Sunday, 4 November 2012

when father was away on business (d emir kusturica, w abdulah sidran)

Kusturica's second film is not well known in the UK, although most people I've met here seem to have seen it. I'd never heard of it. The director's reputation might be on the wane, but there was a point at the end of the 20th century when he felt like the freshest, most important new voice in cinema. A trio of films, Black Cat, White Cat; Time of the Gypsies and Underground were feted for their irreverence and flair. When Father Was Away on Business was his second film, using many of the same actors who appear in the later films and is a bravura piece of work which stands up beside the director's more celebrated offerings.

The film belongs to a strong Eastern European satirical tradition (going back to Schweyk, Brecht etc). Tito's Communist rule is pervasive and one misplaced remark can lead to exile. This is what happens to Malik's father Mehmet after his lover denounces him to his brother-in-law. Mehmet "goes away on business" and later the family will follow him. The satire is gentle but affecting, most of all because it presents events through the eyes of the child, for whom football and girls are just as important as politics.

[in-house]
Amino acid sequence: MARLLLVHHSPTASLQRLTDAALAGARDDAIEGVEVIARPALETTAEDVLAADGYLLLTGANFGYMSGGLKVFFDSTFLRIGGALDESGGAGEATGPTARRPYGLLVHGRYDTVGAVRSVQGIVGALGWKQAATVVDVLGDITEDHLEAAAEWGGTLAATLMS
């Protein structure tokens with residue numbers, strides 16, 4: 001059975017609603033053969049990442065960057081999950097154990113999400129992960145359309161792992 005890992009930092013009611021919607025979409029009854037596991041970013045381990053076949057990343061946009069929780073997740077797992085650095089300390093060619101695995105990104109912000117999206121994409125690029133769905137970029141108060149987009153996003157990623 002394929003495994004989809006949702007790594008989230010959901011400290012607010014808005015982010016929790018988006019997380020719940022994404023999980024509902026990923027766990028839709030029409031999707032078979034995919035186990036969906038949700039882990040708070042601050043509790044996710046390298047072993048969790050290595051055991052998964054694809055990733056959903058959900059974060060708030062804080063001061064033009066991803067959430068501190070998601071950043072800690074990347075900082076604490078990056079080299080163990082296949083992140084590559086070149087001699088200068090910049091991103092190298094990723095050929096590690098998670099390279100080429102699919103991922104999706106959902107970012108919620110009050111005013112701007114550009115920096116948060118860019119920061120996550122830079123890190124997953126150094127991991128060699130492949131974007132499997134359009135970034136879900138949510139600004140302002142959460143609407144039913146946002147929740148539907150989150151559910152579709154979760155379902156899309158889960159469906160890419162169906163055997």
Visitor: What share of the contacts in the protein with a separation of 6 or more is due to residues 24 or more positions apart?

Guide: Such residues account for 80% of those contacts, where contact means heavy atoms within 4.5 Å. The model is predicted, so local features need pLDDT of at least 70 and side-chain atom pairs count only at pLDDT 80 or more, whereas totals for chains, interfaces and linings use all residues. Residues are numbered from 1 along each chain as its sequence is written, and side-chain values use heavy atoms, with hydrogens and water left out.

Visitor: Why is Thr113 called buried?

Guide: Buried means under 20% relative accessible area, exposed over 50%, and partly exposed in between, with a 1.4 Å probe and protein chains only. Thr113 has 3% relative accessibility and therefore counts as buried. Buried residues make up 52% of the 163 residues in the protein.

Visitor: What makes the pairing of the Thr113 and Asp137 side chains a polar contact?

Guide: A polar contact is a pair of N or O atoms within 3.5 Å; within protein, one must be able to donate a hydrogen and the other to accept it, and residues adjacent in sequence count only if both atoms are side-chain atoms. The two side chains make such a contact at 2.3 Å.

However, above and beyond its politics, this is a great film in so far as it captures a complete social environment. As well as being a satire, it's also like a work of 19th C realism. Here is Communist Sarajevo captured with all of its energy, beauty and flaws. The film runs at 2 hours and 15 minutes, with an array of storylines and twists in the plot, but it never feels over-elaborated or rambling. The director's hand is firmly on the tiller, guiding the screenplay through its various episodes, whilst revelling in this world which has gone and will never return. The frequent use of significant football matches, usually against the Russians, provides a framework based in history, a history which must seem all the more distant now in Bosnia, when the nation participating in the football matches no longer exists. In addition, the affectionate relations shared across the religious divide seem remarkable given the imminence of what was to come at the time this small masterpiece was made.